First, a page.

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John Whitley (born January 1944 in Hammond, Louisiana) was a Louisiana corrections officer who served as the warden of Louisiana State Penitentiary (or Angola Prison), the largest maximum-security in the United States, from 1990 to 1995. Time magazine credited Warden Whitley with turning around hopelessness and violence at Angola with "little more than his sense of decency and fairness."
Early life and education
John Whitley attended Southeastern Louisiana University in Hammond, Louisiana, and graduated in 1968. He enlisted in the United States Army that year, and served during the Vietnam War before his discharge in 1970. Shortly after, he began his career in corrections.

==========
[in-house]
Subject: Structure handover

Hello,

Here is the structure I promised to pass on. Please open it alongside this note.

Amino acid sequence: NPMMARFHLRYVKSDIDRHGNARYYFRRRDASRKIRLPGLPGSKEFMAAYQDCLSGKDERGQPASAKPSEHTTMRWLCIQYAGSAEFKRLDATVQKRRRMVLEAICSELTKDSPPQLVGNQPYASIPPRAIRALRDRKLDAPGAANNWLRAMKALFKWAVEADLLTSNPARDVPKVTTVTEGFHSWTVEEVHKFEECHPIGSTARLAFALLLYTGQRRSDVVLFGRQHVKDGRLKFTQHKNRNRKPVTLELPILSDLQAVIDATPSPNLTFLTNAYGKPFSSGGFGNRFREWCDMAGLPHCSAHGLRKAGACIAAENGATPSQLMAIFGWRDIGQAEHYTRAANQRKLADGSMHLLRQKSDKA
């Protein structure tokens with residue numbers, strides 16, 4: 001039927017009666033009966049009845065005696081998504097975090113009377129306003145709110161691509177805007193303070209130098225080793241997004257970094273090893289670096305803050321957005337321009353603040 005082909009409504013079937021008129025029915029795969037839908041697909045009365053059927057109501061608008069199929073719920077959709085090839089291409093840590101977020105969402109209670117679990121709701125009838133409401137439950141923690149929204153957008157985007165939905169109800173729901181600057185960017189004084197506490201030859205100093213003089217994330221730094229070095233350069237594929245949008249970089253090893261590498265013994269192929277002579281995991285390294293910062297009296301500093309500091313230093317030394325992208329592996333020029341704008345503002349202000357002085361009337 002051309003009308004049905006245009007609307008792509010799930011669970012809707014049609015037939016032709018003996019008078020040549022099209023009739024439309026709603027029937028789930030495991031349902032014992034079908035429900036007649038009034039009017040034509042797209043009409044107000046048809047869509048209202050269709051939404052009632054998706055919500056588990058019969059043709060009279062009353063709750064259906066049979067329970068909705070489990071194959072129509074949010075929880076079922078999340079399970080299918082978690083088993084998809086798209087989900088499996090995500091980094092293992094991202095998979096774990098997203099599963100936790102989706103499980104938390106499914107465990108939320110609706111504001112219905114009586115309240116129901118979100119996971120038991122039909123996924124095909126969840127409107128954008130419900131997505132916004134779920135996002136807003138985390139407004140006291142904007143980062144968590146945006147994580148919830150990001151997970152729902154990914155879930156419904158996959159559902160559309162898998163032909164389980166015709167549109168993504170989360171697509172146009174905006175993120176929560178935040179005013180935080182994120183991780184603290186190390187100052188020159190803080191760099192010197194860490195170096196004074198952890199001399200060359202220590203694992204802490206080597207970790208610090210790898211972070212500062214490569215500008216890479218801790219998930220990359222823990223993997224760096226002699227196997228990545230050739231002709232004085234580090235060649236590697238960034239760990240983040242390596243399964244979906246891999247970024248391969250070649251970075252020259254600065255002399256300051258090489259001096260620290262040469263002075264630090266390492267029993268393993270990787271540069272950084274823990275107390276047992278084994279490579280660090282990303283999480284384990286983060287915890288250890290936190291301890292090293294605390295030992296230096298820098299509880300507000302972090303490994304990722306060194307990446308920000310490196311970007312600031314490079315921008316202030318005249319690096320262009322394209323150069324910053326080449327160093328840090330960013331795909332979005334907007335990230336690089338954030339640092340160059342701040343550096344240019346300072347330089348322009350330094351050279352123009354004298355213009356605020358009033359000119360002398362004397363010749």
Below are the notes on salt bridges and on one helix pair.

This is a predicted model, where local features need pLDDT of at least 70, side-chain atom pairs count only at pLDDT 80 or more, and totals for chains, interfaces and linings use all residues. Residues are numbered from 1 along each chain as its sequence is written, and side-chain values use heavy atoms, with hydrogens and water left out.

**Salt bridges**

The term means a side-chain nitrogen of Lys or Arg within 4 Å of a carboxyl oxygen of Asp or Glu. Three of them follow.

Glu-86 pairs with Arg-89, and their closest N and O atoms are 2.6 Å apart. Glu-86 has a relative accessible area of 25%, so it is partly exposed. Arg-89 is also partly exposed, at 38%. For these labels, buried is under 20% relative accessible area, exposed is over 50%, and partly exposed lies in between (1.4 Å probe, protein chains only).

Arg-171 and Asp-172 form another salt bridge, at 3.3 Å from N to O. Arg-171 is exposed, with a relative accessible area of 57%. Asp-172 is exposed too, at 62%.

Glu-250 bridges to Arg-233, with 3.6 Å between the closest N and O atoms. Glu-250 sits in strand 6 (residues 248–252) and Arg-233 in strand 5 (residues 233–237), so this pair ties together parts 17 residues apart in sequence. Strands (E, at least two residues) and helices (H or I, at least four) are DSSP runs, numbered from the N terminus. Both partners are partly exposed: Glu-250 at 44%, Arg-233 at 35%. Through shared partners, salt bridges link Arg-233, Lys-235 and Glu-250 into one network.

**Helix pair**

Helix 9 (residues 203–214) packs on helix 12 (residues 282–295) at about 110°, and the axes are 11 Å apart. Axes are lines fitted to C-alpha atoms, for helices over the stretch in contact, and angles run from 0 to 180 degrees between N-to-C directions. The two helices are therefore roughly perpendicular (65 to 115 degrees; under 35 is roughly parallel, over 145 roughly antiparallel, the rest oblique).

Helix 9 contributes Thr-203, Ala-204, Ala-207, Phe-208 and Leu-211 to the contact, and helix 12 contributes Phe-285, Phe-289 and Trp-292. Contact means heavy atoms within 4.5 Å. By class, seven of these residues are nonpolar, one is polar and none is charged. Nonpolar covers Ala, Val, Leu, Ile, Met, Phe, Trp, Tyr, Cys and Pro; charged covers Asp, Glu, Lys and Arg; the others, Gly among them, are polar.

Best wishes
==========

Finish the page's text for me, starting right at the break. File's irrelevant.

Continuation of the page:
Whitley started his career as a classification officer at Angola in 1970. He rose through the ranks during the prison's mos violent years, becoming Deputy Warden.
He was promoted to warden of another Louisiana prison, Hunt Correctional Center, and left the state to run a private prison in Texas. In 1990 Louisiana recruited him to return to Angola to restore order. At a time of frequent stabbings, suicides and escapes, a United States Federal Judge declared a state of emergency at the prison in response to an ACLU suit against the state for the horrendous conditions.
Within two years, Whitley had stemmed the violence. He established incentives for good behavior, such as extra visits, and increased educational opportunities with literacy tutoring, and computer and paralegal courses. He enabled some trustworthy and deserving inmates to travel outside the prison as part of athletic teams and inmate bands that provided entertainment for churches, nursing homes, and other charitable organizations.